Outdoor Play Structure:If you do have the space and the budget, it’s worth the time and money, especially if you have a child with extra sensory needs, to invest in an outdoor play structure for your child. Kid Craft makes some of the most amazing outdoor play equipment on the market! They’ve got swings, slides, playhouses and tons of options that will fit your little one’s needs. VARIES
Ballin on a Budget: You’re not ready for a big financial commitment, but you’ve got a budget to work within comfortably.
Indoor Rock Wall: If you’re handy with power tools and can find your way around a hardware store, then you can purchase climbing holds online and build your little one their own rock wall in any room of your house! All you need is a few tools, your climbing holds and a weekend’s worth of time. AGES 6+
Target Sensory Friendly Furniture: Target first launched their sensory friendly kids room line a few years ago and it sold out everywhere quickly. They’ve expanded and refined the line since it was first launched to include weighted blankets and a hideout tent as well as updated a variety of features. Their products are quality and less expensive than the market average, which is important for products that are too often priced out of reach for the people who need them. VARIES
Chill Pill Fidget Tool: This magnetic fidget toy is shaped like a large pill capsule, split down the middle and held together with a powerful magnet. When you separate the half, the Chill Pill’s magnets snap it back together again, making it extremely responsive when in use. .
Leedor Bed Tent: Leedor Tents fit right over your standard sized mattress to create an instantly cozy cocoon for bedtime. Thetent features four doors and two windows for easy access, breathable fabric and can also function as a privacy tent during the day. ANY AGE
Warmies: Warmies creates cozy products that provide warm, soothing comfort for all ages. Their product line includes a wide range of stuffed animals, boots, slippers, eye masks, and more, all of it, warming, weighted and infused with French Lavender for an extra level of comfort. ANY AGE
Moonpals: Moon Pals is a line of stuffed animals designed to provide deep pressure therapy in a unique form. Each stuffie’s body, arms and legs are weighted to provide maximum benefits tailored to your loved ones needs. There are 5 Moon Pals to choose from, each with a corresponding backstory and book to inspire a unique aspect of your loved one’s personality.
Wobble Board: Wobble boards are a multifunctional piece of equipment that are great for any child, but especially sensory seekers. They provide several different ways to get proprioceptive input and encourage exploration and imaginative play with their simple sturdy arch design that can be used for anything from racing cars to launching toys through the air, the options are endless. VARIES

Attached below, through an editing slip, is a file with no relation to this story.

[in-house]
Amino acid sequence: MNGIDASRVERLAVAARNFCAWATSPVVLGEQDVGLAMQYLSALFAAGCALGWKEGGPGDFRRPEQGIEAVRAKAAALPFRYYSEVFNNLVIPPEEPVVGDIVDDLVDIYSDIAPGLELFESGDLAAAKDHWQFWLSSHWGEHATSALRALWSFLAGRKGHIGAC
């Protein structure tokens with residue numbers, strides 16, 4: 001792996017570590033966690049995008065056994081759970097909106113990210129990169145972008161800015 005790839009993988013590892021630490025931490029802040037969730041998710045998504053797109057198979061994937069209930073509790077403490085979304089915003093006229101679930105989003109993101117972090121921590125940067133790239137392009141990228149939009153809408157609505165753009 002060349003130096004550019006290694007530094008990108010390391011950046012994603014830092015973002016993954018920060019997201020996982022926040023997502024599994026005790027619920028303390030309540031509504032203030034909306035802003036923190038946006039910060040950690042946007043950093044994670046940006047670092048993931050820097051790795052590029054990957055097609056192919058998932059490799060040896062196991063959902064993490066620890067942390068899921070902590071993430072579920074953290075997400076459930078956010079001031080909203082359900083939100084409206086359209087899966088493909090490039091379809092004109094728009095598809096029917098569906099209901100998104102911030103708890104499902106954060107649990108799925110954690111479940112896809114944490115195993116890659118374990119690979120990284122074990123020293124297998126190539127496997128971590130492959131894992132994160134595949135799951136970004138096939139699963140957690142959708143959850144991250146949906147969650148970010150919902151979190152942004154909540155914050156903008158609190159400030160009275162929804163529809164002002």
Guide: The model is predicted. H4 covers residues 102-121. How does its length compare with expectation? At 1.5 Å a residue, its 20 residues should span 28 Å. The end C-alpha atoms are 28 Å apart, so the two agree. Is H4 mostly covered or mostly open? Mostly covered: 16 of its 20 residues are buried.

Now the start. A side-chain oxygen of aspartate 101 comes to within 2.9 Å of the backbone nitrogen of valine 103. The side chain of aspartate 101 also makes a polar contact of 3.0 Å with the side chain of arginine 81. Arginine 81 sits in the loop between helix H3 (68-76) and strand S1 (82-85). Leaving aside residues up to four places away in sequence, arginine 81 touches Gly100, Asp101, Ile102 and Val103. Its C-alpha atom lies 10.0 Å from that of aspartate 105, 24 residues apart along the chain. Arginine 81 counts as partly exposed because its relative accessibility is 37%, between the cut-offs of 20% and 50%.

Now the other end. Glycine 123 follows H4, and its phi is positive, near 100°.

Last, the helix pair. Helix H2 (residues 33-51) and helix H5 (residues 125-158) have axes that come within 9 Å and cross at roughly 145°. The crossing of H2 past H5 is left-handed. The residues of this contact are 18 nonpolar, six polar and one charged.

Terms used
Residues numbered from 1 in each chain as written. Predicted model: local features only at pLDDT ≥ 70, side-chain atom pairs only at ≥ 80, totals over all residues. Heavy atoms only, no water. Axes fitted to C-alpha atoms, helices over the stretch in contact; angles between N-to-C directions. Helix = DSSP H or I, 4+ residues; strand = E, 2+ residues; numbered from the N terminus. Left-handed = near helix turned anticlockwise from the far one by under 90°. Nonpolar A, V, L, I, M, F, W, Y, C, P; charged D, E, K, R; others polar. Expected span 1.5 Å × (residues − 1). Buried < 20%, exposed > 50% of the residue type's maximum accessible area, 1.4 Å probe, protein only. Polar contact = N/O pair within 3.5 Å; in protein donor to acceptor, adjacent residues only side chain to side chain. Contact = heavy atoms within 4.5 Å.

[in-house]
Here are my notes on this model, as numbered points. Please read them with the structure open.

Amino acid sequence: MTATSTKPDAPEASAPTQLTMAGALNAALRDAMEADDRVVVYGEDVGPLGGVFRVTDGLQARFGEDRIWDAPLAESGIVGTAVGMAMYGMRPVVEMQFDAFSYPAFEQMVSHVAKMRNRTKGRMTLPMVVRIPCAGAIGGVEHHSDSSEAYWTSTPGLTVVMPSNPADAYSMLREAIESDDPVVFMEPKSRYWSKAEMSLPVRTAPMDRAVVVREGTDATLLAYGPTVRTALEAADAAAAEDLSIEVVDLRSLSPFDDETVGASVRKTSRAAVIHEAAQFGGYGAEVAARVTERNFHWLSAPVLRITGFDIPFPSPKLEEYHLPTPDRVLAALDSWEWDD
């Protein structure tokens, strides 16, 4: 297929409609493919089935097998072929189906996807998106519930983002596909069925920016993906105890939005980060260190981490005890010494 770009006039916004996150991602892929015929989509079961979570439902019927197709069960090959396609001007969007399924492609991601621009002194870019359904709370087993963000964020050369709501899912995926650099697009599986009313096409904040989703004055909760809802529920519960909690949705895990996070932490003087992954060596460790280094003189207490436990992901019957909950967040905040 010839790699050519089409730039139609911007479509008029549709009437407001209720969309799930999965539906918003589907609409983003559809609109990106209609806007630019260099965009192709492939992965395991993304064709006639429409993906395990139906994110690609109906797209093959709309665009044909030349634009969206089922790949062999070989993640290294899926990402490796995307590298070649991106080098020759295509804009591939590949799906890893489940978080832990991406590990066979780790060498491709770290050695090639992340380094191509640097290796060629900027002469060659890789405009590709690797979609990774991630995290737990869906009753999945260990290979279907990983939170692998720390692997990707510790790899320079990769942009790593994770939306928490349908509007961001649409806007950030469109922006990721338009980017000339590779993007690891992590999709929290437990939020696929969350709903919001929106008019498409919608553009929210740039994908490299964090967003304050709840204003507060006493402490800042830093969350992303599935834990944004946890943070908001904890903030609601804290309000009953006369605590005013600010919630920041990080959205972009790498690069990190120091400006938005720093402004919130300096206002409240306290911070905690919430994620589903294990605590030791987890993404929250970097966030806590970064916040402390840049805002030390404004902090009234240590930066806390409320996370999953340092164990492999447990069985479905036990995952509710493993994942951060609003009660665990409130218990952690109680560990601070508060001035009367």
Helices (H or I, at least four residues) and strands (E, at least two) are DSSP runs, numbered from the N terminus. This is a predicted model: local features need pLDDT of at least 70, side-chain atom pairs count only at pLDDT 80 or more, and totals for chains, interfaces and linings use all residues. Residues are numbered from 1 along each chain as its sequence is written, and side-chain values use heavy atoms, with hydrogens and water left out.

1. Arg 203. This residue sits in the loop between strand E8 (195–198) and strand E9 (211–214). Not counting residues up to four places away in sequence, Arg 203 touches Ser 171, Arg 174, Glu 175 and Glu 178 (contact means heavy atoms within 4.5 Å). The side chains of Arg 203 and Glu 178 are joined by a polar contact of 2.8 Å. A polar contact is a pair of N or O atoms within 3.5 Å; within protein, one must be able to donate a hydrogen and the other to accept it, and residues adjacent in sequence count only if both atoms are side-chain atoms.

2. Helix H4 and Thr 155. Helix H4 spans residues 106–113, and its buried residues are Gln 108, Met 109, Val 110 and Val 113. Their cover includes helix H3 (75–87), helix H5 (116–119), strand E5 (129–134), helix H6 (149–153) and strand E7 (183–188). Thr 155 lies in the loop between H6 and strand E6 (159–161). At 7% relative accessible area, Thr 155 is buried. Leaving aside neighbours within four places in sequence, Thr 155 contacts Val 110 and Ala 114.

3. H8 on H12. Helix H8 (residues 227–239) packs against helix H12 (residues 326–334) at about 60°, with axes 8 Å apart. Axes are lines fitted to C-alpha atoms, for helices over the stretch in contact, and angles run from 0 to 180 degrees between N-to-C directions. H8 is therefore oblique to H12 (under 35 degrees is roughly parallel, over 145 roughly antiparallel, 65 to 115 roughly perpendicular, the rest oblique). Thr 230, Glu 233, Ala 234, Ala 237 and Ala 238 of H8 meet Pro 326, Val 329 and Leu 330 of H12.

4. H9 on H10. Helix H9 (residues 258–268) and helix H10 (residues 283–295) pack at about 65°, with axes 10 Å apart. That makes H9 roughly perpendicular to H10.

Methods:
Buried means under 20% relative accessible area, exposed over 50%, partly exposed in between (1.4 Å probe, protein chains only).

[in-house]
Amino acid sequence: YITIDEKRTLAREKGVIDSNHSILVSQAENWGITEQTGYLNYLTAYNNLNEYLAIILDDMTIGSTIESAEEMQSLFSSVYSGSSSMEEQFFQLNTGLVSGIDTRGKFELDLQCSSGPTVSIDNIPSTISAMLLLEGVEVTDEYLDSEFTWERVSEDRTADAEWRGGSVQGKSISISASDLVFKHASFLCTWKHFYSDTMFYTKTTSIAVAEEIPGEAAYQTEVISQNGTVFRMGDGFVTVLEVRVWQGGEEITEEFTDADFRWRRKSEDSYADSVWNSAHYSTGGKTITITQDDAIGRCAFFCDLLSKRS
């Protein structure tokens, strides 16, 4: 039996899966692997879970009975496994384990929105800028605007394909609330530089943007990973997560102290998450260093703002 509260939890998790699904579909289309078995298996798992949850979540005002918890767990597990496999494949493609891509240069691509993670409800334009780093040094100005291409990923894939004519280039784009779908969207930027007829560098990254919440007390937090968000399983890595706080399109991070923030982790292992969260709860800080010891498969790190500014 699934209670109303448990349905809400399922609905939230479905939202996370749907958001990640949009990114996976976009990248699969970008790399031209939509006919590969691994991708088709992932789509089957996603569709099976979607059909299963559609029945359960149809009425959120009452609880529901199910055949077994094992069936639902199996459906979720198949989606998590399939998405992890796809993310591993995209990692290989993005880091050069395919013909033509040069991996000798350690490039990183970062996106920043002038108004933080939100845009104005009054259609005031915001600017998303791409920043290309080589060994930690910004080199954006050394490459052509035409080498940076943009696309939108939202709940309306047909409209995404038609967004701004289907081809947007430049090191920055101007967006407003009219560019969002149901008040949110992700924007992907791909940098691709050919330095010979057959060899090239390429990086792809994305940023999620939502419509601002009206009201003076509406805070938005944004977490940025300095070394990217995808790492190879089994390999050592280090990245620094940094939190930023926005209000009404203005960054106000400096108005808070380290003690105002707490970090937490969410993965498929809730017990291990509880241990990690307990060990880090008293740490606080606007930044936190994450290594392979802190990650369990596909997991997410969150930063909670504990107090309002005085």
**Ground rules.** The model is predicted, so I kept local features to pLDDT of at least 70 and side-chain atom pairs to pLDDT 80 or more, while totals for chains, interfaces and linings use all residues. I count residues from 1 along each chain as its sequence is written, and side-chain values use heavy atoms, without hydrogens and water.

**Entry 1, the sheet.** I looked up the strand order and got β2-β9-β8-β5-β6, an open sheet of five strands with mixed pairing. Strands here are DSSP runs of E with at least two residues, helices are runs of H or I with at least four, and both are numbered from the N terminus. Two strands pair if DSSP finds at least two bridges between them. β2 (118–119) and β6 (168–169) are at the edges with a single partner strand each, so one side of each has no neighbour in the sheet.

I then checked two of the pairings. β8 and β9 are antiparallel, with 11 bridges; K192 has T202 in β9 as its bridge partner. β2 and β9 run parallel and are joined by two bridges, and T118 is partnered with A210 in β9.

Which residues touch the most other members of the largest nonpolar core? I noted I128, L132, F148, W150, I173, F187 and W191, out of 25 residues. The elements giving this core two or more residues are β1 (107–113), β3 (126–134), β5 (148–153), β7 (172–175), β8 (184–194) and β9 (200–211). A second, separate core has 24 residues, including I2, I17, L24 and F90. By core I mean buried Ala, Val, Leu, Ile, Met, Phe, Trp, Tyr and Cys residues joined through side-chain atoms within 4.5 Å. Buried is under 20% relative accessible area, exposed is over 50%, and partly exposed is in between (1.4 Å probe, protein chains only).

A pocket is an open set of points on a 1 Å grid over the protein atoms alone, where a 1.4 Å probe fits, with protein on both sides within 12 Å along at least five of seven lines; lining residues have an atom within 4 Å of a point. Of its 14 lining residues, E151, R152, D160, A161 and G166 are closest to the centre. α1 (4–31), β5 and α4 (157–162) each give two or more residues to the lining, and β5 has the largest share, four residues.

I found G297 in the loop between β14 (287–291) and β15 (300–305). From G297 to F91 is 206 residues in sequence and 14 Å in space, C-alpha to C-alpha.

Canopy Difuser: Aroma diffusers are an amazing tool for addressing sensory needs. You can create your own scent blends based on the environment you want to create – upbeat in the morning or calm and relaxed at night. Plus the canopy diffuser is waterless and mold resistant so you can use your device without worry. ANY AGE
Enovi ProBalance Yoga Chair: This yoga ball comes with a base and functions perfectly as a chair, great for relieving lower back pain and doubles as a great tool for providing sensory input in a low key, and no obstructive way. AGE 16+
Making Magic From Scratch: You may not have a ton of extra cash but you’ve got a lot of imagination!
Homemade Crash Pad: If you have a sensory seeker in your life, chances are, they will appreciate receiving a crash pad as a gift. They can be pricey, but we found this awesome DIY that’s great for small budgets. ALL AGES
Rainbow Rice + action figures to match: Rainbow Rice is all the rage right now as montessori education is totally having a moment. There are tons of places to purchase it but you can also make your own! All you need is uncooked rice – white rice makes for brighter colors while brown rice makes for more muted earth tones colors. You can follow our tutorial to make your own, Here. Once you’ve got your rice, head to the dollar store to pick up some companion pieces – Animal figures, other sensory toys, anything engaging will work. ANY AGE
Liquid Motion Bubbler: These colorful bubblers have been around since the 1970’s but have gained popularity in recent years as sensory toys, tools for relaxation, or fun for anyone who enjoys rhythmic motion and repetitive movements. ALL AGES
Crayola Bath Drops: Bath time is a fully immersive sensory activity. There are smells and feelings and water and all kind of things that can be new and overwhelming. Using bath drops to tint bath water a preferred color can make reluctant bathers a little more comfortable, and they add a bit of unexpected fun for anyone whose already comfortable with baths. ANY AGE
Yoga Ball: Yoga balls are especially great for sensory seekers living in small places. For little ones, it’s best to find one with a handle. There are a lot of affordable options on Amazon. AGES 3+
Water Beads: Water beads are great for playing and learning; Soak them in water for a few hours and watch them grow! They’re great as a base in sensory boxes, a fun addition to bath time and great for improving fine motor skills as they try to grab the slippery little balls. ANY AGE